Q-Notes, Chromebooks, Snap, More: Wednesday Afternoon Buzz, June 7, 2017


DigitalNC: 10 years of LGBT newspaper Q-Notes now online!. “Issues of Q-Notes from 1986-1996 are now available on DigitalNC. These newspapers were shared by our partner, University of North Carolina at Charlotte, in response to our call for materials documenting voices underrepresented on Q-notes focuses primarily on Gay and Lesbian issues both in Charlotte and nationally. At a time when LGBT communities were facing persecution and backlash against increased visibility and demands for rights, Q-Notes provided a venue for individuals to affirm their identities.”


Digital Trends: Password-free Tethered Internet May Soon Head To Google Chromebooks. “The latest Chrome OS Canary build has a new feature in it called ‘Instant Tethering,’ which makes it possible to automatically tether the laptop to your phone in the absence of an internet connection, without prompting. The feature doesn’t work properly just yet, according to reports, but it is present in the new build, suggesting that it’s something that could show up on Chromebooks in the near future.”

LA Times: Snap acquires location-tracking start-up Placed, reportedly for $200 million. “Snapchat maker Snap Inc. acquired a Seattle start-up that tracks the location of smartphones to help businesses and advertisers learn more about consumer behavior.”


MakeUseOf: 11 Best Sites for Free Online Computer Programming Courses. “We’re living in the golden age of programming. Not only is there a healthy number of in-demand computer programming jobs, but there is now an abundance of free online courses. These days, you can become a master coder without picking up a traditional computer science degree.”


Search Engine Land: Wall Street Journal’s Google traffic drops 44% after pulling out of First Click Free. “In February, The Wall Street Journal stopped participating in a program allowing Google visitors to bypass its paywall. The publication has now discovered, as was predicted, that it no longer gets as much traffic from Google. In an interview with Bloomberg, The Wall Street Journal reported that its Google traffic plunged 44 percent after leaving the ‘First Click Free’ program.”

Recode: Apple, Amazon, Google and other tech giants are joining an effort to adhere to the Paris climate agreement. “Apple, Amazon, Google, Lyft and Spotify are among hundreds of U.S. businesses teaming up with state and local regulators to pledge their support for the Paris climate agreement as part of a new campaign debuting today.”

Natural History Museum: Freezing thousands of bees at -80 degrees . “The UK Insect Pollinators Initiative (IPI) provided funding between 2010-2015 to support projects studying a wide variety of UK pollinators and their habitats. Nine separate projects were funded and as a result of these projects around 50,000 specimens were collected.”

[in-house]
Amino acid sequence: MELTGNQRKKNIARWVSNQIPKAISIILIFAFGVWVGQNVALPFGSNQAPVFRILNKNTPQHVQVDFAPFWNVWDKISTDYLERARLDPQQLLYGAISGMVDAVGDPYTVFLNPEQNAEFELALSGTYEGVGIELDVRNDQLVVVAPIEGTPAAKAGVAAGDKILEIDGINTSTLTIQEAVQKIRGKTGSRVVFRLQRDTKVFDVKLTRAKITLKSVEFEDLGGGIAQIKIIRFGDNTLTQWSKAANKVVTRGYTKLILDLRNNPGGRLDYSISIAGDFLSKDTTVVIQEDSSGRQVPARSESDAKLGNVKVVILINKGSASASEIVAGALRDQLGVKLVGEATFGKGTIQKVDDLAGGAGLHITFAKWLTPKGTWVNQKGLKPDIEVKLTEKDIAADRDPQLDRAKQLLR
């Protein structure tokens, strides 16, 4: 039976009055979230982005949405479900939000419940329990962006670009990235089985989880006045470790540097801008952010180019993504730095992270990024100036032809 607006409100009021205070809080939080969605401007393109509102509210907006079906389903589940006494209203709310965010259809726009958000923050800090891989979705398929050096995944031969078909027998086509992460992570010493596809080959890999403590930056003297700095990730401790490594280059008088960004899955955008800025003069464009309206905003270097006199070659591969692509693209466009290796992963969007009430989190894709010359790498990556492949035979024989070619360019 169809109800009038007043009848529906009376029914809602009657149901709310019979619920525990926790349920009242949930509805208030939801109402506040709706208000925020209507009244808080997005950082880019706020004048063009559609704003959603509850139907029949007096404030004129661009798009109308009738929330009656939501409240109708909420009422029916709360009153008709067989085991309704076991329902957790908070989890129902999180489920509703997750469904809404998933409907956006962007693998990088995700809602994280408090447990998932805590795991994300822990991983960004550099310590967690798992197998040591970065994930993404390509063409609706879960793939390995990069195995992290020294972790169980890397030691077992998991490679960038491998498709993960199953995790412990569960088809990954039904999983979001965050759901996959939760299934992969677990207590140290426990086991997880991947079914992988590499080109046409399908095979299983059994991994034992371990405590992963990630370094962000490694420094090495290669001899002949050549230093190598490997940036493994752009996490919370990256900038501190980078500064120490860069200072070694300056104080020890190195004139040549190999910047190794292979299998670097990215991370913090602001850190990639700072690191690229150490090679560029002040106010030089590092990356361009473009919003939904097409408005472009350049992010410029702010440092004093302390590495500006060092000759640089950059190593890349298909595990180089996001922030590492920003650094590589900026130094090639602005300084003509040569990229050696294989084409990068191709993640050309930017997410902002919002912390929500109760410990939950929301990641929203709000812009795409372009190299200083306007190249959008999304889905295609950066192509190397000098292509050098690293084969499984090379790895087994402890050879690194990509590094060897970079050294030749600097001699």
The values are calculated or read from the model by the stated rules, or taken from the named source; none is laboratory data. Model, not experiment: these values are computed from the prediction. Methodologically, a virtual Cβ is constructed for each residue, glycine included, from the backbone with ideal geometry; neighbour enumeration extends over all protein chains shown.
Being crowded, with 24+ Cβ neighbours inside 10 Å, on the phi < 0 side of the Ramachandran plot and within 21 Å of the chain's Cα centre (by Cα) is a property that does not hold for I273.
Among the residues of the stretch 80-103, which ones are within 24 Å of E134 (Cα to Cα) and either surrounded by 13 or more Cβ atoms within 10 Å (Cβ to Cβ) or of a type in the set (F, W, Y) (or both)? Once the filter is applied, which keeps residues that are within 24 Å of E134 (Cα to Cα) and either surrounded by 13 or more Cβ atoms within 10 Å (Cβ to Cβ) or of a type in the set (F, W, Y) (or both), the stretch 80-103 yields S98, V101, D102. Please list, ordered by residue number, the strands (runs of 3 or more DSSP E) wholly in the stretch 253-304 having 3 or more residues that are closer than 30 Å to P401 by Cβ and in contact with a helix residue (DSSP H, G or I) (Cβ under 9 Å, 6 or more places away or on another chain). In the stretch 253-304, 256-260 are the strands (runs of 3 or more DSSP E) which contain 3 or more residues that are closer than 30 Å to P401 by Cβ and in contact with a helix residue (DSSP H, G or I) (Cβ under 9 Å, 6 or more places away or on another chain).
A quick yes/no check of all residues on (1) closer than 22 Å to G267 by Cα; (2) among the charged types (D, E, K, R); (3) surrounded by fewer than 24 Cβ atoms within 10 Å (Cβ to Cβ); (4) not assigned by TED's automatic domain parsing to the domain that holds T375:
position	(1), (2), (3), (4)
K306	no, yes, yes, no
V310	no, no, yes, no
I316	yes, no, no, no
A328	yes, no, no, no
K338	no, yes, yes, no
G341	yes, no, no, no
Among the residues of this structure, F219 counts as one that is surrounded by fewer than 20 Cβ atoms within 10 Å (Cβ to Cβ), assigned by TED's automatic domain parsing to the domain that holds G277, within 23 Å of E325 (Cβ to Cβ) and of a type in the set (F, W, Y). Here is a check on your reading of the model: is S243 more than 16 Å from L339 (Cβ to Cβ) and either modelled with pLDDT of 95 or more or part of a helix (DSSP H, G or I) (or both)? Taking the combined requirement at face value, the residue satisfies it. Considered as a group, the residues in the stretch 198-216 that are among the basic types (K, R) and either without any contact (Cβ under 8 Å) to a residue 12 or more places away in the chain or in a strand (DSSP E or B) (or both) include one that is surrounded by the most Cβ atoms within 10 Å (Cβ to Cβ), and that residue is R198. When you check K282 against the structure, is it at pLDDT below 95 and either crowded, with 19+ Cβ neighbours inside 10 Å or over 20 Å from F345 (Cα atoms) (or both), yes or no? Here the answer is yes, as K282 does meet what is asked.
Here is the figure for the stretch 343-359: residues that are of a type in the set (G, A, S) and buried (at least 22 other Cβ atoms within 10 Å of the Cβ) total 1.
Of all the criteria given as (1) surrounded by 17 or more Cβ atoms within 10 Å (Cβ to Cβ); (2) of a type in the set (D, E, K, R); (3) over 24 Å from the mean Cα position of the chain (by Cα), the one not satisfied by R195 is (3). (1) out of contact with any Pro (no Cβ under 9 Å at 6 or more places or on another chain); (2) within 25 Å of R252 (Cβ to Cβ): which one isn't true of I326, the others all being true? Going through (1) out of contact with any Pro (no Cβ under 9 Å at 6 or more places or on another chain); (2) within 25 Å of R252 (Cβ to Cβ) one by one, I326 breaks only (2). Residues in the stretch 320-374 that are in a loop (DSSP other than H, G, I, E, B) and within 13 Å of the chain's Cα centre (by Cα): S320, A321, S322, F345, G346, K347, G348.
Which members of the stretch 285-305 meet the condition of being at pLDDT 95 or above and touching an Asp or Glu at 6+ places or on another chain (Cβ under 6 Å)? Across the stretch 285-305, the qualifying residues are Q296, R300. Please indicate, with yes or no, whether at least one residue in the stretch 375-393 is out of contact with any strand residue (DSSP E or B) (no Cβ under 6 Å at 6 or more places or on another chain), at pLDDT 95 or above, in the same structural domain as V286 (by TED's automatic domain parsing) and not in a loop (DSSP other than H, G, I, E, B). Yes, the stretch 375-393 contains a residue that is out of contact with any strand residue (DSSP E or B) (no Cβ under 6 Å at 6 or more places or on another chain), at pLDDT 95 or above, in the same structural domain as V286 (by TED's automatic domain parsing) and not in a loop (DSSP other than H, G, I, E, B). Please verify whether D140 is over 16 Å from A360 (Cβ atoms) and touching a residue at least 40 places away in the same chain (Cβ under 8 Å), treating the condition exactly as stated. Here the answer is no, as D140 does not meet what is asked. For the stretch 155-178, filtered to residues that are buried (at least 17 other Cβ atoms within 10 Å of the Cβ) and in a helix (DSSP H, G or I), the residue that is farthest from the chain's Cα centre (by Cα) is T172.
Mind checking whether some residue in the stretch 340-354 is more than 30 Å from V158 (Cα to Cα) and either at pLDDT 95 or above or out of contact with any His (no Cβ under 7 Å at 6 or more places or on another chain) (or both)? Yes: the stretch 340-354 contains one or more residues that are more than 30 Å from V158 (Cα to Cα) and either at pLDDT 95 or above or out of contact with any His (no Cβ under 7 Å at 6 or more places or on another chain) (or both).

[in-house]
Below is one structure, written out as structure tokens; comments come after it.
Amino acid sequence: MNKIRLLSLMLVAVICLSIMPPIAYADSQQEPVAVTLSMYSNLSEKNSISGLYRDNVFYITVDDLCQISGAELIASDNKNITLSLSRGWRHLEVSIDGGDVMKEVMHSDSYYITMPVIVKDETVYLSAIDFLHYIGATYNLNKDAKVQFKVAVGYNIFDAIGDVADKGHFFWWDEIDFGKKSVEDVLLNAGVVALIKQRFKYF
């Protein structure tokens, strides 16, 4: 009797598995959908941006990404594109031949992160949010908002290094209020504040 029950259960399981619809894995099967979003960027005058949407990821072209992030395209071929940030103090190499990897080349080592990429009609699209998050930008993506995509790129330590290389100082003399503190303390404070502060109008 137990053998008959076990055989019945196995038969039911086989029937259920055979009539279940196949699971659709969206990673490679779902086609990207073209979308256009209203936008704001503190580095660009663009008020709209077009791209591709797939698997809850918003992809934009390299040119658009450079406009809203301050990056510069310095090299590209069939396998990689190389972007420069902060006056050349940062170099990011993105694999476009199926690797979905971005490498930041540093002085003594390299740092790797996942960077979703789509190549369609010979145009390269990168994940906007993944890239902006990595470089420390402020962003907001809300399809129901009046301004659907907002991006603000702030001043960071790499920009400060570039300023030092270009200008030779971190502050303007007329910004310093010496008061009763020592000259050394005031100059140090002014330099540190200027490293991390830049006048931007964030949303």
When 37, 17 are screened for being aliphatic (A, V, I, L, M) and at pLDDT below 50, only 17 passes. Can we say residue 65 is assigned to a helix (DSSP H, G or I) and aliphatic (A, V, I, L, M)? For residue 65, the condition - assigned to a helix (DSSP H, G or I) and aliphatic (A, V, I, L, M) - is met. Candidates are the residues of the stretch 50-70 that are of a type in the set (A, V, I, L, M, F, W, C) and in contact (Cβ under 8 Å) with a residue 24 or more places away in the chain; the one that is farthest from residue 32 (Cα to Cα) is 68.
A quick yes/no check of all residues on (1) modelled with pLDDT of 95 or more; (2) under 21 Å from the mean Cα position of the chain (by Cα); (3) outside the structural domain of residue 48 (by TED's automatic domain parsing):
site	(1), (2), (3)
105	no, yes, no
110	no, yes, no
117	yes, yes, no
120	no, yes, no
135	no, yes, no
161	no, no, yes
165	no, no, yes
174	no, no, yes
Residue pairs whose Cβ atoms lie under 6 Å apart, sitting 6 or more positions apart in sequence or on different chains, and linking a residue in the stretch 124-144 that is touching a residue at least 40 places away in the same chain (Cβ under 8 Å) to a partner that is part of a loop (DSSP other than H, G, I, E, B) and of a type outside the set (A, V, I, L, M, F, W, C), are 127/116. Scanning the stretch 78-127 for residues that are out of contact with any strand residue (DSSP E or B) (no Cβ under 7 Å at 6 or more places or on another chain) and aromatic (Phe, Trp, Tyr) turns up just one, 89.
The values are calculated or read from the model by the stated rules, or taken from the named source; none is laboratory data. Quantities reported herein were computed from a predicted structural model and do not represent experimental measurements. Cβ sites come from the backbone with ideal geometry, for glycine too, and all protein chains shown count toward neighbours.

Bleeping Computer: Ads in Google Search Results Redirect Users to Tech Support Scam. “The malicious ad used a feature of the Google Ads service that allows ad publishers to display a URL but redirect users to another link. For example, in the rogue ad, the displayed link was “,” but users were redirected to ‘’ Surprisingly, this got past Google’s ad quality control service.” Considering that three years ago I had an AdWords ad flagged as a cigarette ad because it had the word “Winston” in it (Hey Google, WINSTON-SALEM IS A CITY) I’m pretty surprised too.

Montreal Gazette: Quebec government in court battle over distribution of public data. “A website owned by a U.K.-based company is fighting the Quebec government in court for prohibiting it from collecting public information on firms in the province and then making it available to help thwart fraud and other crime. claims to have public information on 125 million companies in 120 jurisdictions. It is petitioning Quebec Superior Court to declare it can legally collect, publish and distribute the public data found in the province’s business registry.”


The Guardian: Dozens of recent clinical trials may contain wrong or falsified data, claims study. “Dozens of recent clinical trials contain suspicious statistical patterns that could indicate incorrect or falsified data, according to a review of thousands of papers published in leading medical journals. The study, which used statistical tools to identify anomalies hidden in the data, has prompted investigations into some of the trials identified as suspect and raises new concerns about the reliability of some papers published in medical journals.” Good afternoon, Internet…

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